A plan to deliver fortified foods to 45 million South African consumers - 30 million of whom face the risk of micronutrient deficiency - was among the initiatives announced at the World Economic Forum (WEF) summit in Durban this week.
The Global Alliance for Improved Nutrition (GAIN) announced that it had approved South Africa's proposal and had set aside US $2.8 million, over three years, for the programme.
By fortifying foods with vitamins and minerals the project could "save millions of lives and prevent crippling conditions such as blindness and mental retardation," a GAIN statement said.
The project aims to get the fortified food to consumers within the next six to 18 months.
"Micronutrient deficiency also has many invisible economic effects that are widely underestimated, because they sap the energy of working-age people and hurt the learning ability of children, causing billions of dollars in lost productivity in developing countries, who can least afford it," Jay Naidoo, chairman of both the Development Bank of South Africa and GAIN, was quoted as saying.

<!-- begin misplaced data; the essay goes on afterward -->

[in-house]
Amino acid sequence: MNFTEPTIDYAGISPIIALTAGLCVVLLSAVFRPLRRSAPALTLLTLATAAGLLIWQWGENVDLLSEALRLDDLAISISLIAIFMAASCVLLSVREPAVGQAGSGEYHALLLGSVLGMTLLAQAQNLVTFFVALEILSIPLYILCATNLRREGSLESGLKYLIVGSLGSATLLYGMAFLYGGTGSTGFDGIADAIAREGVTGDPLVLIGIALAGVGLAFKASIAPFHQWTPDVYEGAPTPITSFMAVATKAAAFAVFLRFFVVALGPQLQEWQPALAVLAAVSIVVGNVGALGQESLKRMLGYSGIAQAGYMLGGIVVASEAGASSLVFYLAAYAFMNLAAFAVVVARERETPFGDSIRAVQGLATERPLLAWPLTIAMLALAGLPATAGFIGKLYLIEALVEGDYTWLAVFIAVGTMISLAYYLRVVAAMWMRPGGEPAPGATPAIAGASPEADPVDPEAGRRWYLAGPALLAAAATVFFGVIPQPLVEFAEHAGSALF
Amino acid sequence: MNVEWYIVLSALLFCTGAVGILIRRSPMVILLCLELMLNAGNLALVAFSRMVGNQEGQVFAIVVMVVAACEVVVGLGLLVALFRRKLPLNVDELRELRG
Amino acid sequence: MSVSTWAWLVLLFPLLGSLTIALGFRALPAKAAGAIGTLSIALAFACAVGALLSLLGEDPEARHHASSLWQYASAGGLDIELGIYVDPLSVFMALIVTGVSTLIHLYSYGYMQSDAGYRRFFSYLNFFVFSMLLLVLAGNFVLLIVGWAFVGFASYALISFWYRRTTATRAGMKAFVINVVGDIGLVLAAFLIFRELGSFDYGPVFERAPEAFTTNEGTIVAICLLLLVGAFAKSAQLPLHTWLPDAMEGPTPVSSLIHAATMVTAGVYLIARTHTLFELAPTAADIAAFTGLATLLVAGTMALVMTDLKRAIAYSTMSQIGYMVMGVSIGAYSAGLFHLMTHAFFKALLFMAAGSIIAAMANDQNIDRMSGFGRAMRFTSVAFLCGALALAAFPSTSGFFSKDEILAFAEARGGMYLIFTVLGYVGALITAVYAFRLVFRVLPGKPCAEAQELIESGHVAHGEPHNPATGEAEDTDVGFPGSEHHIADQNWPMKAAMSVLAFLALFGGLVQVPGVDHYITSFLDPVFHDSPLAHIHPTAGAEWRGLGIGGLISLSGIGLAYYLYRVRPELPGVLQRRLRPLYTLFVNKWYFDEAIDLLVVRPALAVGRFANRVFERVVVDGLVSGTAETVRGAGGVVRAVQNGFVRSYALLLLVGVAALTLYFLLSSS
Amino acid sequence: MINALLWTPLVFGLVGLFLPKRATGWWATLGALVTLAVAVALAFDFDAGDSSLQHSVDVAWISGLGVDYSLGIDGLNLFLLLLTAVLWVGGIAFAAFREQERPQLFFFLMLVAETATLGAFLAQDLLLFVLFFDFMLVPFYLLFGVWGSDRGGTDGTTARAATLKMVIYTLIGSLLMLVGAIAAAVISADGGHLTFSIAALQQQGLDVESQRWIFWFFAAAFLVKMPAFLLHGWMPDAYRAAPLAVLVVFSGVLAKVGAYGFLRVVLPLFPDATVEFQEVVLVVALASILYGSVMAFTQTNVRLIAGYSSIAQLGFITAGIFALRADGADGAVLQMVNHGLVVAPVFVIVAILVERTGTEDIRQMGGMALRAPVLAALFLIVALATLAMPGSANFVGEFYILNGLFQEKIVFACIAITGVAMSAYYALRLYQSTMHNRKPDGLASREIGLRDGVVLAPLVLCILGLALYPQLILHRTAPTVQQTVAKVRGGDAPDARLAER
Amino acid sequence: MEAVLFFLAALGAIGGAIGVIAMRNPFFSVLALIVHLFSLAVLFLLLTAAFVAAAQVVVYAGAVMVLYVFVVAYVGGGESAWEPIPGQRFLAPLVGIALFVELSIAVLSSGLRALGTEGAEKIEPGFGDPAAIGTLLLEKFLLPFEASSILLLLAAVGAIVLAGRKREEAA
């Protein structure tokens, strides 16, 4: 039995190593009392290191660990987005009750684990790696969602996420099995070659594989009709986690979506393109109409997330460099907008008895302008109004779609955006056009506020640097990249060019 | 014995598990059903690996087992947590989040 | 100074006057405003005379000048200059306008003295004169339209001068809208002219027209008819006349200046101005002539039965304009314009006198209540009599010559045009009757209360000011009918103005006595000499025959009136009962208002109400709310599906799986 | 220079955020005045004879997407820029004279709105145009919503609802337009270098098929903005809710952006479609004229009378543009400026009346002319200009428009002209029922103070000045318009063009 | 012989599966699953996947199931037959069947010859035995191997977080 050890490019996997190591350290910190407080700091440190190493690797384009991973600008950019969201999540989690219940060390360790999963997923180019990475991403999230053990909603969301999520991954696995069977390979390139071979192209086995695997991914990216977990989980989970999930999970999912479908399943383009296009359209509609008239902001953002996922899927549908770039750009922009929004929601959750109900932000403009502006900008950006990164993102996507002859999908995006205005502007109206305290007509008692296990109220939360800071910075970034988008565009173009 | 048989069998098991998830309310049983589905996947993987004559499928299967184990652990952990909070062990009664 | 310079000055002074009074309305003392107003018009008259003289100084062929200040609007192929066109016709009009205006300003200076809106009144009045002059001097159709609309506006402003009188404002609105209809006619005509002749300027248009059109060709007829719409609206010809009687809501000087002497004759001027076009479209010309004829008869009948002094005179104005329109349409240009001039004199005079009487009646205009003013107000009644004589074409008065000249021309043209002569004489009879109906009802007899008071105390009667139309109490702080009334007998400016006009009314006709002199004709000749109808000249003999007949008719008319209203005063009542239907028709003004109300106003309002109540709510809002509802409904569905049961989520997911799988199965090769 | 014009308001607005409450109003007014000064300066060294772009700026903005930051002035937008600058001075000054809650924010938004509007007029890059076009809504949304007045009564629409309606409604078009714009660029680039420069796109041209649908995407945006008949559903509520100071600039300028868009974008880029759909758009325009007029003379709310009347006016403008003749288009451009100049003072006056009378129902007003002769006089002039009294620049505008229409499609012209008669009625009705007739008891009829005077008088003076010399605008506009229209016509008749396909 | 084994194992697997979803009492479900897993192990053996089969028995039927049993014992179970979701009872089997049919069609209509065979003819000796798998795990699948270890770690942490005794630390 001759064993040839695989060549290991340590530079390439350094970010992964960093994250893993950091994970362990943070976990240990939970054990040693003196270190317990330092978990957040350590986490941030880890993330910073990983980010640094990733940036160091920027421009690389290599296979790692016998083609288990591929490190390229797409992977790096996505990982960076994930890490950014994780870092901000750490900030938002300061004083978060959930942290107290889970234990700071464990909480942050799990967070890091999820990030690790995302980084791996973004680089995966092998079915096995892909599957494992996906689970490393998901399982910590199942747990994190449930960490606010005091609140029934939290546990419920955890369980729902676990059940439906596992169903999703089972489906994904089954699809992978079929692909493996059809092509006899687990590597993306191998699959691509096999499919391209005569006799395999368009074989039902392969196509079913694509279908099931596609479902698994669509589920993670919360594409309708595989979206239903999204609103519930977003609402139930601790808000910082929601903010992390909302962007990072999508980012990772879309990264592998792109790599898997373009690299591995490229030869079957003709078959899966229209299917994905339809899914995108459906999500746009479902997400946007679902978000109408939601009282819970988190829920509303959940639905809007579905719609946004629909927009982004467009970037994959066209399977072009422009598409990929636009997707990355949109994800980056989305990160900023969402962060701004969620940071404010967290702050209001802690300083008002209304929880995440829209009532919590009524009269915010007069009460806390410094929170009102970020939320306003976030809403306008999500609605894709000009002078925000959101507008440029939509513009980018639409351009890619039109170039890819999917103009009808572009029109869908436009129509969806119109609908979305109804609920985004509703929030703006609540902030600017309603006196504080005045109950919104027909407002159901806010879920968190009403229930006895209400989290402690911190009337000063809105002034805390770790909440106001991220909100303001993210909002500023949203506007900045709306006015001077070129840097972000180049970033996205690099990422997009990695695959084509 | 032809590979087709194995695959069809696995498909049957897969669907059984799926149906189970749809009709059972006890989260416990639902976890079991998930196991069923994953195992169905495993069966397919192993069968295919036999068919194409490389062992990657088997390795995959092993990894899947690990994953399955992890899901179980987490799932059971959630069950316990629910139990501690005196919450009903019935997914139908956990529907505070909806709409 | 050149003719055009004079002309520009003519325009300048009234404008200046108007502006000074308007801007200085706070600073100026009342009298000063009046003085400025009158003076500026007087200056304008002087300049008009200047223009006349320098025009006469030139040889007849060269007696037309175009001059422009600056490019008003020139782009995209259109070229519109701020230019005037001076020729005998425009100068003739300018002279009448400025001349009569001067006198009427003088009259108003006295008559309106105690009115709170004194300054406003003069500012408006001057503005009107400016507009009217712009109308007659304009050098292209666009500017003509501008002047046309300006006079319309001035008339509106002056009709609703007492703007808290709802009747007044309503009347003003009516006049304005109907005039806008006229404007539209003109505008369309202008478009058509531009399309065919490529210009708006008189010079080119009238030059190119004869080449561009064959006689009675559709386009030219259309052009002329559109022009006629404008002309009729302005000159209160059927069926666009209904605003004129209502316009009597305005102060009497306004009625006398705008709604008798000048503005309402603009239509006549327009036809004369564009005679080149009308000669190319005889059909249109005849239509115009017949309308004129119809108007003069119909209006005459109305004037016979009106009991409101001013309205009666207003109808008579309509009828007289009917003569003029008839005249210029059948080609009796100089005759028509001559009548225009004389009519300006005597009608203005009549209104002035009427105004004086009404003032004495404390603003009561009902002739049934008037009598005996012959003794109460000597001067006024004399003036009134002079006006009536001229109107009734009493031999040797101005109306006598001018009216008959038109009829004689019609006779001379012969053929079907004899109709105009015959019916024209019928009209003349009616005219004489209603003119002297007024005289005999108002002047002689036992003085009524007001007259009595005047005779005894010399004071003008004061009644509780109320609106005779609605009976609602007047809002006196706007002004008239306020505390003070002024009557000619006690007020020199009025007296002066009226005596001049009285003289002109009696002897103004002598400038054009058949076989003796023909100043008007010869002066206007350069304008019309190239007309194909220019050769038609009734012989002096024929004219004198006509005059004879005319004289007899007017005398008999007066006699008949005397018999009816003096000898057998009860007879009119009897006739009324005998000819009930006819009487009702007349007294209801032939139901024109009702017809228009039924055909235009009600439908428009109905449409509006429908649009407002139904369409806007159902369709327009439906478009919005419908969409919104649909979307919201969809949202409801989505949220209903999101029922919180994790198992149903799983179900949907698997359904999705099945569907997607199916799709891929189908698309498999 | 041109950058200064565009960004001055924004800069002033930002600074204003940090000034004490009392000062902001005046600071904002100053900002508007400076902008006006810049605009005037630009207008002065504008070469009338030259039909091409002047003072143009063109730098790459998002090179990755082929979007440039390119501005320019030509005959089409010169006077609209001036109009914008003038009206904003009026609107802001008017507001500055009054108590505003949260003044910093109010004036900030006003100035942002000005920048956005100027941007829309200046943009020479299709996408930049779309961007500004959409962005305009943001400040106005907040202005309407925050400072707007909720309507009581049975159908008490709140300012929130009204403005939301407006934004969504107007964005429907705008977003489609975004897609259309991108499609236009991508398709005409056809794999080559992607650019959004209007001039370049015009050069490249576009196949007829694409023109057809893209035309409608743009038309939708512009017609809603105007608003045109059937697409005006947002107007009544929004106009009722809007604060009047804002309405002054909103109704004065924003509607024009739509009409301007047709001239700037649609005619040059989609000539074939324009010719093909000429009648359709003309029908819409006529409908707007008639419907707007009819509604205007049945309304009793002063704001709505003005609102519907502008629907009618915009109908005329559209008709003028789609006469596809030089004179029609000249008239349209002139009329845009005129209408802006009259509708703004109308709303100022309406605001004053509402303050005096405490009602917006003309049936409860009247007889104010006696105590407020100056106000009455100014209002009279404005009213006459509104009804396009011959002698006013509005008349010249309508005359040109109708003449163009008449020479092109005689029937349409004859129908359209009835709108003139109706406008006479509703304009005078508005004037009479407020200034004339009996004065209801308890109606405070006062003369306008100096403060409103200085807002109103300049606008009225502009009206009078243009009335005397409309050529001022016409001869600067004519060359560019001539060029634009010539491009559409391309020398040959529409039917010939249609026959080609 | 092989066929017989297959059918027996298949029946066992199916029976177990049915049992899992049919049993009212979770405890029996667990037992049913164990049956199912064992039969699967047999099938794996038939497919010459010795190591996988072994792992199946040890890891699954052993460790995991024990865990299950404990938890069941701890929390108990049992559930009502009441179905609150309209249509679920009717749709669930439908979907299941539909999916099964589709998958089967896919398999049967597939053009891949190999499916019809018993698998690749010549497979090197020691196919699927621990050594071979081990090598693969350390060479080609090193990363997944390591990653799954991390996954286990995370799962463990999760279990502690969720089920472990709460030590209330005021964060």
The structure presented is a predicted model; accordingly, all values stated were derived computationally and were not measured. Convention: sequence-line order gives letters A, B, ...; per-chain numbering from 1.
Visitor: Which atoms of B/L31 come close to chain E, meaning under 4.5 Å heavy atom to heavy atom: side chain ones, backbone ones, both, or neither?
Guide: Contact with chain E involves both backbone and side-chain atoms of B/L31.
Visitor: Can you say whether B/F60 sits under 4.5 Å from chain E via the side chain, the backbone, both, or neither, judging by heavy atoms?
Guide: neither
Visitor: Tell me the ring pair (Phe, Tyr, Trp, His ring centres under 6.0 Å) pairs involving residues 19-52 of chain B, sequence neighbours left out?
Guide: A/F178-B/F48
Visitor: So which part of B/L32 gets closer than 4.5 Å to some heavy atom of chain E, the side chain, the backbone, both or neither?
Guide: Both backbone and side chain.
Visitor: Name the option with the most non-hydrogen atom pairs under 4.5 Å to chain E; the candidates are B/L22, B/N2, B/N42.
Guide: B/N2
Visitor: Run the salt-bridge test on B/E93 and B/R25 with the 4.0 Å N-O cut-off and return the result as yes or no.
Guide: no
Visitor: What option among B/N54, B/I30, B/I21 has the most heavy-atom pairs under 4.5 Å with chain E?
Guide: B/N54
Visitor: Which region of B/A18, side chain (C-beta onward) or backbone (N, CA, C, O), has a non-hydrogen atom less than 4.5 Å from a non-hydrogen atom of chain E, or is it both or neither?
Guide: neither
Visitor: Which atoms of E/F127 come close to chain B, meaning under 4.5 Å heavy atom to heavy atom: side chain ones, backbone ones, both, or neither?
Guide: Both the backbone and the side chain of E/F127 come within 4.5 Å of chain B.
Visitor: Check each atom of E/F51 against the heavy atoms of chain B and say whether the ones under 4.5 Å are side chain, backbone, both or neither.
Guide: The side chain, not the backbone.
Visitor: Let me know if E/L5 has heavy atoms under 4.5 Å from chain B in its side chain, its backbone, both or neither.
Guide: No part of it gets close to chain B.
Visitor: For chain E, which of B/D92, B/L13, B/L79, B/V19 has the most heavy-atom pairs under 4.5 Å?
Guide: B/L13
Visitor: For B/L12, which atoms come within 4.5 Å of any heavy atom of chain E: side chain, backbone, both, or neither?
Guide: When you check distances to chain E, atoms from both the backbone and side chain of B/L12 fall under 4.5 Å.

GAIN is a coalition of public and private sector organisations which started with a US $50 million grant by the Bill and Melinda Gates Foundation. This was followed by contributions from Canada, the USA and the Netherlands, with the World Bank serving as the trustee.
South Africa, Vietnam, Morocco and China would be the first four countries to benefit from GAIN's fortification programme.
The WEF Africa Economic Summit 2003 has been taking place in the South African port city of Durban since Wednesday. Conference attendees, ranging from heads of state to captains of industry, have discussed a wide range of topics, among them support for the New Partnership for Africa's Development - NEPAD.
This article was produced by IRIN News while it was part of the United Nations Office for the Coordination of Humanitarian Affairs. Please send queries on copyright or liability to the UN. For more information: https://shop.un.org/rights-permissions
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